Nearly 20 years ago, Mazda made commercials with the theme, “Zoom, Zoom!” (search YouTube). Now the word Zoom is solely related to one thing—video-conferencing technology of the day.
I have been in higher education for eleven years now. With that, I have been teaching through the use of video-conferencing tools for about five or six years. And I’ve also taught in all kinds of settings—traditional classroom, hybrid, online, live video, accelerated, full-semester. You name it. [Are there others?!] But what we are experiencing now during the Coronavirus pandemic is quite different, especially when it comes to video-conferencing and education. Continue reading
Over the past few years, I’ve really come to appreciate the work of Jamie Smith. One book in particular that’s caught my attention is Desiring the Kingdom: Worship, Worldview, and Cultural Formation.
In particular, Smith looks at how our formation (or he uses the word education at times) is not ultimately about disseminating ideas, but rather shaping hearts and desires. It’s profound to consider this, really. Not just at the Christian university level, but also for the local church setting. In our teaching and preaching, are we primarily just communicating ideas or are we shaping deep desires. As he remarks, education (or formation) is really happening at all times. So how are we forming those in our care?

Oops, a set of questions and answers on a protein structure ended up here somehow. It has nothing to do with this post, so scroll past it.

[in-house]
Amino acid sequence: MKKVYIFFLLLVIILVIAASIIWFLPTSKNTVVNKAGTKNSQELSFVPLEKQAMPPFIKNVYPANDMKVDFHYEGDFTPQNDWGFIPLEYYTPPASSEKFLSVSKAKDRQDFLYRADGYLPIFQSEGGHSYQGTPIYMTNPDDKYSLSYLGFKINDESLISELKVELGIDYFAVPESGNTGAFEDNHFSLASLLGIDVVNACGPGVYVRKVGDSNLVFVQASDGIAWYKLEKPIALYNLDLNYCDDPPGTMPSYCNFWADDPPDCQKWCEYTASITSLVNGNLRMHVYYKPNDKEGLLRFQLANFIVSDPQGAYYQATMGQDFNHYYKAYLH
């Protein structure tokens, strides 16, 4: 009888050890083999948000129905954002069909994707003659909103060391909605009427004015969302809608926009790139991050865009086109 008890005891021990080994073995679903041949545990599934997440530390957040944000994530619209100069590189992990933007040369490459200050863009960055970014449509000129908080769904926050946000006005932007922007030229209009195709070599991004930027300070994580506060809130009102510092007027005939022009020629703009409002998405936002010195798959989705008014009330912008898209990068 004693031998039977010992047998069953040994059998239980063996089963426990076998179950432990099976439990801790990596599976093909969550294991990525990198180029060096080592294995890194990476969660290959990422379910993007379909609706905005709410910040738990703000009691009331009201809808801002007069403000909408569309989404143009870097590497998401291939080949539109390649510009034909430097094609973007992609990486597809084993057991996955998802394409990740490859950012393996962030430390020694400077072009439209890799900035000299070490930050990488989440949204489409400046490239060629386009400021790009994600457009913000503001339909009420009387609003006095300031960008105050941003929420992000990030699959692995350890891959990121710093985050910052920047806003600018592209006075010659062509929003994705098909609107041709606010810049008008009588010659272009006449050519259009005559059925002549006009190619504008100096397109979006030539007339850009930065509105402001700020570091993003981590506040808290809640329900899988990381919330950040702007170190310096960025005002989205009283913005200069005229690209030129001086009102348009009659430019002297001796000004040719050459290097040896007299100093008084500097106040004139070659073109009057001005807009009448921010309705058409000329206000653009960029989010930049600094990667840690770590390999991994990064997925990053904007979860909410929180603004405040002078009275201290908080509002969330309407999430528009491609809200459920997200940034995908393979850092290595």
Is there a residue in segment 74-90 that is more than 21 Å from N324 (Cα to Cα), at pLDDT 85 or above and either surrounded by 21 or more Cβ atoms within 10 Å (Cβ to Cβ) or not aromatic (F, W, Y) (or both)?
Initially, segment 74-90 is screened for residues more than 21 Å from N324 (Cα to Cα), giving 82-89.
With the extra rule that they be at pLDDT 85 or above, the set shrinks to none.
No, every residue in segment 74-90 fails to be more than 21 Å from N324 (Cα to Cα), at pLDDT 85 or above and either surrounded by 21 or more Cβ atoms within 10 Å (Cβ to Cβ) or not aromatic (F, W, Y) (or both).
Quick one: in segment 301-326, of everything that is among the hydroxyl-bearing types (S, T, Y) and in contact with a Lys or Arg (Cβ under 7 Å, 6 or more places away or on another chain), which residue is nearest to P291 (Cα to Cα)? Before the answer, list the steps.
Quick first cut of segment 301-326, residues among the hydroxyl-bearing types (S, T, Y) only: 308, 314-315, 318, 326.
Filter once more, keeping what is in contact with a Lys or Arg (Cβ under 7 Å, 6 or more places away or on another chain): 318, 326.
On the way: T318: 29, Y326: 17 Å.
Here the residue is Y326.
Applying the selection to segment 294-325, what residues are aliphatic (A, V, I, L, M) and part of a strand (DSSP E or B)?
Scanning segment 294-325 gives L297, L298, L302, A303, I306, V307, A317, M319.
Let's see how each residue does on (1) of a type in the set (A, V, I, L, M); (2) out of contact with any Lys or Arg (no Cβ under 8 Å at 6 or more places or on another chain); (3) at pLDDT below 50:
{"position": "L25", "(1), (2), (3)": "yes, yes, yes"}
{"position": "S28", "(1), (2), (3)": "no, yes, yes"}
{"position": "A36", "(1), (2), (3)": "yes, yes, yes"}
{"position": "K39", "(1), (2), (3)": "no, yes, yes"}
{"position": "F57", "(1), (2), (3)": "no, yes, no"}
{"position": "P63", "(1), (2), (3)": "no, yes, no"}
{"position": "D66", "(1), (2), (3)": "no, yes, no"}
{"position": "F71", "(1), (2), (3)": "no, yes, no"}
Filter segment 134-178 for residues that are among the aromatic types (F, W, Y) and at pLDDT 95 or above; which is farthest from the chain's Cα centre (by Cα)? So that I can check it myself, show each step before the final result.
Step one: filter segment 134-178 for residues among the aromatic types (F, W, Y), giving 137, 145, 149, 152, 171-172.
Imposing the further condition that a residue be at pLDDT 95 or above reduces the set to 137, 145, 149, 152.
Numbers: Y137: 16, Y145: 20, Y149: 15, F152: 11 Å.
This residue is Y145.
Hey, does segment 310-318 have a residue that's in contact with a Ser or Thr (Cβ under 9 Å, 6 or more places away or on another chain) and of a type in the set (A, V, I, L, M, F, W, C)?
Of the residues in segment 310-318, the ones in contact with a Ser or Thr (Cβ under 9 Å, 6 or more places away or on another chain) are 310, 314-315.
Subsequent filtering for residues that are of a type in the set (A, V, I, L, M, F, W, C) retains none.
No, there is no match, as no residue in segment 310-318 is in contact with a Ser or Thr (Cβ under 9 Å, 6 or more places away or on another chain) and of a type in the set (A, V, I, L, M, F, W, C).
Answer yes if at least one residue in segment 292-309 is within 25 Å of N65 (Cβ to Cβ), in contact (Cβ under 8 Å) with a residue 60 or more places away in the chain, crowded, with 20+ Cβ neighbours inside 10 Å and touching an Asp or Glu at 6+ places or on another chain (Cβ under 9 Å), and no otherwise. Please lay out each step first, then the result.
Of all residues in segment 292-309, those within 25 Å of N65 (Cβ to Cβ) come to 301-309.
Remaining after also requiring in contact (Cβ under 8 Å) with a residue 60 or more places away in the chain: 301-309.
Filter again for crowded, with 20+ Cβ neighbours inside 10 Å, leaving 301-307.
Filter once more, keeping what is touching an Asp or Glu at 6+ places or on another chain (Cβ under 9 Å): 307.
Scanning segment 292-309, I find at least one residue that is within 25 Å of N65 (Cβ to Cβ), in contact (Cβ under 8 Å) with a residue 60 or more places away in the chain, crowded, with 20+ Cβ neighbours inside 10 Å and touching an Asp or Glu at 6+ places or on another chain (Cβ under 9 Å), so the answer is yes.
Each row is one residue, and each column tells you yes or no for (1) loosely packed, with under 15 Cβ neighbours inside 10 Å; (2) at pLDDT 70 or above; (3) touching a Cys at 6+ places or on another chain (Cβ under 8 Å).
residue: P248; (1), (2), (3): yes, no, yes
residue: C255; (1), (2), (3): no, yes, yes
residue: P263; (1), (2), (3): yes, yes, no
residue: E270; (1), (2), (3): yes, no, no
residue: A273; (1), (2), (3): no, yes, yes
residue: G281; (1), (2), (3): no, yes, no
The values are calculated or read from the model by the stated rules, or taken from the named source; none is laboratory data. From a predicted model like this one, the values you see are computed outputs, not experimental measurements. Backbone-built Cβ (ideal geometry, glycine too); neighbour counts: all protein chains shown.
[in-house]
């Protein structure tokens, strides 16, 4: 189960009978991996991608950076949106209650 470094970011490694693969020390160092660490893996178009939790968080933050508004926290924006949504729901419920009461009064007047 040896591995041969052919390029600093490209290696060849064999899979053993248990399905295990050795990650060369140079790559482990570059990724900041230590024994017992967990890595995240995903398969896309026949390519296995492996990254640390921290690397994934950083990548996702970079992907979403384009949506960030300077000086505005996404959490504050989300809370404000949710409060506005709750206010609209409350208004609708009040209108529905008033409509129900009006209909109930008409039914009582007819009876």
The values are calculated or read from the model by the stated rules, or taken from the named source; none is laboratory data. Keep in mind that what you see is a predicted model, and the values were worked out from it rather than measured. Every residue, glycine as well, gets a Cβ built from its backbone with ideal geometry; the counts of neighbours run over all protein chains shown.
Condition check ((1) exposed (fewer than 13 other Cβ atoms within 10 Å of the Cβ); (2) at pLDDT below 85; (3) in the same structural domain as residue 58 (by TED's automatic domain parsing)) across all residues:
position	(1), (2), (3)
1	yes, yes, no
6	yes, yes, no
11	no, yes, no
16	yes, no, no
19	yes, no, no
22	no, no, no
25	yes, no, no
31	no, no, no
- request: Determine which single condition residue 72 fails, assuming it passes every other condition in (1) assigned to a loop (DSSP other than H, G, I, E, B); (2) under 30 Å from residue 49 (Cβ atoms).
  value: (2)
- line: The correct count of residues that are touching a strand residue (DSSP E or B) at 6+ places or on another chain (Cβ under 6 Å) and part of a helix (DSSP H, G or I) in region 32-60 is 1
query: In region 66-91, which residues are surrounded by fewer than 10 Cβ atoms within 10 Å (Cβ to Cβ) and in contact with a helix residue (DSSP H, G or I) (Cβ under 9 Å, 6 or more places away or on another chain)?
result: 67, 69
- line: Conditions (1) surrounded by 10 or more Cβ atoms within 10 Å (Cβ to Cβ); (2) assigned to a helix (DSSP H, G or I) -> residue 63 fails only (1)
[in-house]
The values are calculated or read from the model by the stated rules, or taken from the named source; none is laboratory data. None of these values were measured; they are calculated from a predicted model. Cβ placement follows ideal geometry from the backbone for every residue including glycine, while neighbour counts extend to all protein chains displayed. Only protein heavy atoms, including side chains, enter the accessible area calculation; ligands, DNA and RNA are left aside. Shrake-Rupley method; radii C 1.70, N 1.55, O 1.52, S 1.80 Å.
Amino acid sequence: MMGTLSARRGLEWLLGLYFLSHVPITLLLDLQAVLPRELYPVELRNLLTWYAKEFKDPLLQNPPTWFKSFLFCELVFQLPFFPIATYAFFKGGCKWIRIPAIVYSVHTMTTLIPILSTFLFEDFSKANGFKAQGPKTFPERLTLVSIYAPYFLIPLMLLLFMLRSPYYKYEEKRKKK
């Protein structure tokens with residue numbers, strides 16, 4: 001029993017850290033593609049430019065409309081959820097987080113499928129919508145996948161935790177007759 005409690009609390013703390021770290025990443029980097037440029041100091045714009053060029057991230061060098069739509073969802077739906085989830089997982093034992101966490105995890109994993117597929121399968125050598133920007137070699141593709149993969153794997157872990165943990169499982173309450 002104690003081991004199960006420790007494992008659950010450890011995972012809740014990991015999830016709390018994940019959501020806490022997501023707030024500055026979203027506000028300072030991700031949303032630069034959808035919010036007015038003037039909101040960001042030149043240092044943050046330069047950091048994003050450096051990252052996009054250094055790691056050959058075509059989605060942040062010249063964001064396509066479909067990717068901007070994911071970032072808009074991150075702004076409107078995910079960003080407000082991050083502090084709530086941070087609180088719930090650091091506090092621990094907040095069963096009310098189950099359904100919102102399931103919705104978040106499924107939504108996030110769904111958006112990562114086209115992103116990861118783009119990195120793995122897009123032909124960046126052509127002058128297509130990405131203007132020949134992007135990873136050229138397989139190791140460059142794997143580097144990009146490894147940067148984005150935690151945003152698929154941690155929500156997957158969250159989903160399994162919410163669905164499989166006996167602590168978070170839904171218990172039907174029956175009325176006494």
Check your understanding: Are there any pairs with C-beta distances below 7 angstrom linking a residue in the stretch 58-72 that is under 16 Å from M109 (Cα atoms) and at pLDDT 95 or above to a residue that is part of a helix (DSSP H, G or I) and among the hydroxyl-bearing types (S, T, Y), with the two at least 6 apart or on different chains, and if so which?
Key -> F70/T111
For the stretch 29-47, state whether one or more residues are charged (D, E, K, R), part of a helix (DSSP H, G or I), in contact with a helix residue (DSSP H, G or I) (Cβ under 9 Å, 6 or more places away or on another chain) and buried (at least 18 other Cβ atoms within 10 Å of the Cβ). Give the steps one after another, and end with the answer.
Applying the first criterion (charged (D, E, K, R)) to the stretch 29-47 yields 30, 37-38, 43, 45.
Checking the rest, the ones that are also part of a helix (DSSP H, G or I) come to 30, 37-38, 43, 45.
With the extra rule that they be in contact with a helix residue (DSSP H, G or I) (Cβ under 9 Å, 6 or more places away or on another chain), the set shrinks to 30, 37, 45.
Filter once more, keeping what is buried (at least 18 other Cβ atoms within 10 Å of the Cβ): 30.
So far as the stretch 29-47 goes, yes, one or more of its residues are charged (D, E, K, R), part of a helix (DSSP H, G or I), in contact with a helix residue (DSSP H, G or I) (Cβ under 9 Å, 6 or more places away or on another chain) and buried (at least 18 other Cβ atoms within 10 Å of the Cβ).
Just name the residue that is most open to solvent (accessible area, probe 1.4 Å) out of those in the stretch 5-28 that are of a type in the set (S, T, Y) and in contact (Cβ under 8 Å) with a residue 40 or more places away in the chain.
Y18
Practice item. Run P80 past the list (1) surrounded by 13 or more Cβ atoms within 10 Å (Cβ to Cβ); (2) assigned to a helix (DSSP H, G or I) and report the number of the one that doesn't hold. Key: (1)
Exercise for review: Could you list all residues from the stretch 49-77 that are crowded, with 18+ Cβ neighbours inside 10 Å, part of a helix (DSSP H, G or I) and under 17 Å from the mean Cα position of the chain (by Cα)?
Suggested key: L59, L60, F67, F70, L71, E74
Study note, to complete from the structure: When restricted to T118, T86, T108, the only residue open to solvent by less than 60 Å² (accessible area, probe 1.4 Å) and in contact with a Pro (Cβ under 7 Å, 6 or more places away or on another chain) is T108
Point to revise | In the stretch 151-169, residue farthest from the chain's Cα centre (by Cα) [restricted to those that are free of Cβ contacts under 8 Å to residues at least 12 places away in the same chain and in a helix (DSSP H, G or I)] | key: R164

To give an example, Smith considers the role of the mall within our western culture. Consider how this institution shapes and forms not just the minds of people, but it’s hearts, desires, and even bodies. It is a full five-sensory formational experience, if we allow it to be.
What if Christians recalled that the five senses are good gifts from God and are available to help form us at our core?
For Christian leaders and educators, this is a book worth picking up. I’ve put some quotes below that come from the book. Hopefully you’ll see how Smith begins to flesh this out a bit more. Pretty intriguing stuff! Continue reading
This week, Quacquarelli Symonds (QS) released its findings for the top 200 universities in the world. The main criteria considered are research that has been conducted, employment, education and international appeal. Continue reading